A Good Man Is Hard to Find, and Other StoriesBook - 1992
ONE OF THE GREATEST AMERICAN SHORT STORY COLLECTIONS
In 1955, with this short story collection, Flannery O'Connor firmly laid claim to her place as one of the most original and provocative writers of her generation. Steeped in a Southern Gothic tradition that would become synonymous with her name, these stories show O'Connor's unique, grotesque view of life-- infused with religious symbolism, haunted by apocalyptic possibility, sustained by the tragic comedy of human behavior, confronted by the necessity of salvation.
With these classic stories-- including "The Life You Save May Be Your Own," "Good Country People," "The Displaced Person," and seven other acclaimed tales-- O'Connor earned a permanent place in the hearts of American readers.
"Much savagery, compassion, farce, art, and truth have gone into these stories. O'Connor's characters are wholeheartedly horrible, and almost better than life. I find it hard to think of a funnier or more frightening writer." -- Robert Lowell
"In these stories the rural South is, for the first time, viewed by a writer who orthodoxy matches her talent. The results are revolutionary." -- The New York Times Book Review
Flannery O'Connor (1925-1964) was born in Savannah, Georgia. She earned her M.F.A. at the University of Iowa, but lived most of her life in the South, where she became an anomaly among post-World War II authors-- a Roman Catholic woman whose stated purpose was to reveal the mystery of God's grace in everyday life. Her work-- novels, short stories, letters, and criticism-- received a number of awards, including the National Book Award.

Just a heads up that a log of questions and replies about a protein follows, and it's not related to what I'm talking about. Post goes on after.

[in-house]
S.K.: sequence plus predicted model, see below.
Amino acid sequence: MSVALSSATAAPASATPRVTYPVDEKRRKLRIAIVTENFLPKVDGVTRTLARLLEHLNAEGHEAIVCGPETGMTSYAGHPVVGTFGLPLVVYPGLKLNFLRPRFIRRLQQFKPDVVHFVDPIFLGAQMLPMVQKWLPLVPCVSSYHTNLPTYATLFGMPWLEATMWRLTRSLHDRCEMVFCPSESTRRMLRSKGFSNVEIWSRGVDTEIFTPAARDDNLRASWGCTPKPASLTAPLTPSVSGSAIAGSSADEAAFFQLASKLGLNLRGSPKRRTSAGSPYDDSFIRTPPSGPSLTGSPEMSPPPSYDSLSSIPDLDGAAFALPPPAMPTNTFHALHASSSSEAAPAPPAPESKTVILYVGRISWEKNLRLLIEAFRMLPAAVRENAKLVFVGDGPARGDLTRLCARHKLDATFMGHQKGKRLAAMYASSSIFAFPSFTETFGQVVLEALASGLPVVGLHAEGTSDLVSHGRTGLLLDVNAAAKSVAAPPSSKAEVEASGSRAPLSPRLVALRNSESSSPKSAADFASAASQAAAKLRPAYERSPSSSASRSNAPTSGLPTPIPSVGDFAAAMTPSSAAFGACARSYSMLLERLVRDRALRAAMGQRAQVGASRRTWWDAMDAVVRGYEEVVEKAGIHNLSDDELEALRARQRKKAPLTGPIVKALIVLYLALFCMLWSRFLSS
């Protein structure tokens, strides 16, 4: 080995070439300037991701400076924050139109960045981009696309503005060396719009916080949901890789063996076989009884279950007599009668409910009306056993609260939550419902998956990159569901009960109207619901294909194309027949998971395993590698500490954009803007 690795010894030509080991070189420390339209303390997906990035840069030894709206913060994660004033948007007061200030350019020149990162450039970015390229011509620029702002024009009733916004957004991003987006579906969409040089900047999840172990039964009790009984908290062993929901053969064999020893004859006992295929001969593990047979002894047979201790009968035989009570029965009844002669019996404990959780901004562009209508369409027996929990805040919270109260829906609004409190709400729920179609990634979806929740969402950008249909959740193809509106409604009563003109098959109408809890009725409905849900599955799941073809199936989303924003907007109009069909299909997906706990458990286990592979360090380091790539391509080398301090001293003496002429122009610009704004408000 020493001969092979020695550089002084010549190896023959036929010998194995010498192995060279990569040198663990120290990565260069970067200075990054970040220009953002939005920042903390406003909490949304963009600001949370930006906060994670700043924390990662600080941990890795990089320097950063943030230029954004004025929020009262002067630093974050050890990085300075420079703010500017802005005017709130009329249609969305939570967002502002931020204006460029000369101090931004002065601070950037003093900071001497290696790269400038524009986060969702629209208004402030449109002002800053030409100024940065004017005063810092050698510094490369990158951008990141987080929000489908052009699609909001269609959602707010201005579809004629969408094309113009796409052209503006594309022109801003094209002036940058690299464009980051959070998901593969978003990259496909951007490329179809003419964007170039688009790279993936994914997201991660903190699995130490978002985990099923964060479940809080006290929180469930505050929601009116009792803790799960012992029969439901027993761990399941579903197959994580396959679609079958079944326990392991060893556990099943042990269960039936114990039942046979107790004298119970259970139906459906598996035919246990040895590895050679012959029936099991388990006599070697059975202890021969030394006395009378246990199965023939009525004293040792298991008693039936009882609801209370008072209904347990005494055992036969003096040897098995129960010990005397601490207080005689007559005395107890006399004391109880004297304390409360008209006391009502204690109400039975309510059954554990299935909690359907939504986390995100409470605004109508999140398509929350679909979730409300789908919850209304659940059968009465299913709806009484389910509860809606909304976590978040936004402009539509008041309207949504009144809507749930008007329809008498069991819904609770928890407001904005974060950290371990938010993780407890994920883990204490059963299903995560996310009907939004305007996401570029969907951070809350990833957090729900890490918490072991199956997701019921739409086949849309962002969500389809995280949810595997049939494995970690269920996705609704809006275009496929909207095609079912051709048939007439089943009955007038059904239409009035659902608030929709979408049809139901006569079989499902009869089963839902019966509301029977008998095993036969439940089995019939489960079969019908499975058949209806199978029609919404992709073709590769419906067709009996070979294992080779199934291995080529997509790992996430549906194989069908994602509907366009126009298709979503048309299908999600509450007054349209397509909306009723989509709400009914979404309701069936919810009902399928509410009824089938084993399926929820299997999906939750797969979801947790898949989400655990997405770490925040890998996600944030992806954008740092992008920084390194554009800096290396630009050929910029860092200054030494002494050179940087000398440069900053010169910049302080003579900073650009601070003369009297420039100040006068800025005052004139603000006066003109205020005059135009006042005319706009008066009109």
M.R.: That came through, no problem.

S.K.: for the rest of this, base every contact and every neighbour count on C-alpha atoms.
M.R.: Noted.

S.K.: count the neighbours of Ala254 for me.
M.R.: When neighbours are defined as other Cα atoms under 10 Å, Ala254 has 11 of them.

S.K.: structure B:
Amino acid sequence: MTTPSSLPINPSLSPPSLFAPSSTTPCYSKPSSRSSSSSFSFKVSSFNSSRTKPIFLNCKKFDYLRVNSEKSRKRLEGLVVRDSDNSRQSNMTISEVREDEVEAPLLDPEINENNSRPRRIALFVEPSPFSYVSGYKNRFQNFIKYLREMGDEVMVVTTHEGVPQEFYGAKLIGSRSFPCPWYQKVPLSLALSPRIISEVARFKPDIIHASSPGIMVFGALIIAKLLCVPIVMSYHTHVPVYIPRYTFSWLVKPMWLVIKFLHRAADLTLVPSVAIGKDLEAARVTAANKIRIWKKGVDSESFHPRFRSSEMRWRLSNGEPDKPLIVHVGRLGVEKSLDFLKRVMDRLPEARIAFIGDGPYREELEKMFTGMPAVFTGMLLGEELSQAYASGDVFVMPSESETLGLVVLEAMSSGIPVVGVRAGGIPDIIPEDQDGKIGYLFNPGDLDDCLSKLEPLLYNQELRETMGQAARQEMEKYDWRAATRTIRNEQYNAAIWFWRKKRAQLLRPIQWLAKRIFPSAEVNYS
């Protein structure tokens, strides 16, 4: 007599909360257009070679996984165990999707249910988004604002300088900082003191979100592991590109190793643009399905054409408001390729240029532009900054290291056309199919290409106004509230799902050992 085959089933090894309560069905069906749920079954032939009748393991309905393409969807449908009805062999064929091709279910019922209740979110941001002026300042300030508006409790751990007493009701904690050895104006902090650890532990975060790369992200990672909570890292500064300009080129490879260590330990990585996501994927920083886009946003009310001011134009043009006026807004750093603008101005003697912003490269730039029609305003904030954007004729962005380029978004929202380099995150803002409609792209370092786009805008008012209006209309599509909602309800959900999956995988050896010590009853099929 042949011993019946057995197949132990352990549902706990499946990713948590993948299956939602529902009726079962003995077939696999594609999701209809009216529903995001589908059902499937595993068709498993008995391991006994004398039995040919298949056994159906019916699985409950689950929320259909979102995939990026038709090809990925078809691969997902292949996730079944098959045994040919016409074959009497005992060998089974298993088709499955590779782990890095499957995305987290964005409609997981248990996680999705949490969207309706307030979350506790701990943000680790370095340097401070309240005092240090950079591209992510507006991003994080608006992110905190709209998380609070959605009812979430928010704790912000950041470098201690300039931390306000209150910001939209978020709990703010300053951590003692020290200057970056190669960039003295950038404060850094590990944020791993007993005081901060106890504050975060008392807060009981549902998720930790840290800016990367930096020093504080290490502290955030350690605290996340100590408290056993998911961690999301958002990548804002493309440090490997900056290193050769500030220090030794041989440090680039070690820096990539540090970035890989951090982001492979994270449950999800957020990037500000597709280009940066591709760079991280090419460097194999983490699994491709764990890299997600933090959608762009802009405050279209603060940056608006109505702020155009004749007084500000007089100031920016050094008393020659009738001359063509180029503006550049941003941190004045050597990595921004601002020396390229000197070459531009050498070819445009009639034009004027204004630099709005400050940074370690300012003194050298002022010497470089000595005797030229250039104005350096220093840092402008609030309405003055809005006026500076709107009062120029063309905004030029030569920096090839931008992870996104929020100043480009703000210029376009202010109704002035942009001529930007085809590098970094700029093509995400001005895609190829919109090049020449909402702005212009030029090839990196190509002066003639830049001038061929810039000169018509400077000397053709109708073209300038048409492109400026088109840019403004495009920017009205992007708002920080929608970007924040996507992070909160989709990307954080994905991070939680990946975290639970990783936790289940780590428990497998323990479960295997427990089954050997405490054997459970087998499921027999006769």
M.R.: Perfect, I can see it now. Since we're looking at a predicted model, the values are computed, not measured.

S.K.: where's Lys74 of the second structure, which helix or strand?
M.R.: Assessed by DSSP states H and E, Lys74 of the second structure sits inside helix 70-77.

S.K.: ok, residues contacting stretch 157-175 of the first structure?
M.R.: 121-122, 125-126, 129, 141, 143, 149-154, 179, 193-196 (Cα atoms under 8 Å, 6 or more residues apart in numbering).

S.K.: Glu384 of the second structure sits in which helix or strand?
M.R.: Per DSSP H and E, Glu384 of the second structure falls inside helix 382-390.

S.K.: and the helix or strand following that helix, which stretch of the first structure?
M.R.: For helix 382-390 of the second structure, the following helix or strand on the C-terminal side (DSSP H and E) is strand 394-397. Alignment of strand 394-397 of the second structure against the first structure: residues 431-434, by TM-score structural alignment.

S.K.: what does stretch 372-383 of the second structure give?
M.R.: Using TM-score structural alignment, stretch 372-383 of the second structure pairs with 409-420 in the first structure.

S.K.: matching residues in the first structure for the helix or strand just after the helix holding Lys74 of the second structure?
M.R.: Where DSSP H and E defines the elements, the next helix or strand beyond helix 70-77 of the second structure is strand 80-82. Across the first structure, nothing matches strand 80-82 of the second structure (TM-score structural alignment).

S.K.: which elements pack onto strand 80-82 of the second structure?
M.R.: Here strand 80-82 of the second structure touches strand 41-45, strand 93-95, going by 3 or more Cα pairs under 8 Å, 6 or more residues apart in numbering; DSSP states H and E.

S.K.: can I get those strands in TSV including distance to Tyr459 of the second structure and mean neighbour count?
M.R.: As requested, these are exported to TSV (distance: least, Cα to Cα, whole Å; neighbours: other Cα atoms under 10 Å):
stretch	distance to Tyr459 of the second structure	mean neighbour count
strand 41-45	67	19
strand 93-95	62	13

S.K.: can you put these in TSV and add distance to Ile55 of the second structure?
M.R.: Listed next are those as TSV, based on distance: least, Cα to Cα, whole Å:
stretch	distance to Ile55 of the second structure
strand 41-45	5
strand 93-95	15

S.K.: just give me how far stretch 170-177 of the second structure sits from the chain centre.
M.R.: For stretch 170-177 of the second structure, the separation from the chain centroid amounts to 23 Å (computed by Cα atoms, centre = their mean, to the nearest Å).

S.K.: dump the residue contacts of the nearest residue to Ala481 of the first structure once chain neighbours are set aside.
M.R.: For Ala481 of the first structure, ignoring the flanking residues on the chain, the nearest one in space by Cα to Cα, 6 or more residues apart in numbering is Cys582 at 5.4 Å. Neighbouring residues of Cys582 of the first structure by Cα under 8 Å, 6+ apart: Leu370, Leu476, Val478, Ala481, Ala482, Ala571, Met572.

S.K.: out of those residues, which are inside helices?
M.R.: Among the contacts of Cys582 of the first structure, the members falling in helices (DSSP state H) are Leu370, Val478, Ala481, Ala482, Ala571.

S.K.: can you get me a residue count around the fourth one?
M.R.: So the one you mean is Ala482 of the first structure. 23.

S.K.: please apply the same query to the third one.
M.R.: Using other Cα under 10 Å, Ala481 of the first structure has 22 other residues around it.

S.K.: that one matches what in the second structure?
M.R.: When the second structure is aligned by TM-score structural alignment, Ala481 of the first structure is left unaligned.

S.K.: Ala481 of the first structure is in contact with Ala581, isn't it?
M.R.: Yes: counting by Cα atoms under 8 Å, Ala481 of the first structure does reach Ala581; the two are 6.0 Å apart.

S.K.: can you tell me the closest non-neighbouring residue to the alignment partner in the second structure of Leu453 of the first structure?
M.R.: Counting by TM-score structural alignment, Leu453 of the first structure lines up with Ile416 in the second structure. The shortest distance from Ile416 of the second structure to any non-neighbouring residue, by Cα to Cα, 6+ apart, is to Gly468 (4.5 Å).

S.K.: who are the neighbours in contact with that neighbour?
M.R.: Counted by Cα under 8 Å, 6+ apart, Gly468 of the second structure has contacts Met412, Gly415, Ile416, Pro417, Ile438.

From the critics
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This was the kind of thing that was happening every day in Europe where they had not advanced as in this country, and watching from her vantage point, Mrs. Shortley had the sudden intuition that the Gobblehooks, like rats with typhoid fleas, could have carried all those murderous ways over the water with them directly to this place. If they had come from where that kind of thing was done to them, who was to say they were not the kind that would also do it to others? The width and breadth of this question nearly shook her. Her stomach trembled as if there had been a slight quake in the heart of the mountain and automatically she moved down from her elevation and went forward to be introduced to them, as if she meant to find out at once what they were capable of.
She would have to be a saint because that was the occupation that included everything you could know; and yet she knew she would never be a saint. She did not steal or murder but she was a born liar and slothful and she sassed her mother and was deliberately ugly to almost everybody. She was eaten up also with the sin of Pride, the worst one. She made fun of the Baptist preacher who came to the school at commencement to give the devotional. She would pull down her mouth and hold her forehead as if she were in agony and groan, "Fawther, we thank Thee," exactly the way he did and she had been told many times not to do it She could never be a saint, but she thought she could be a martyr if they killed her quick.
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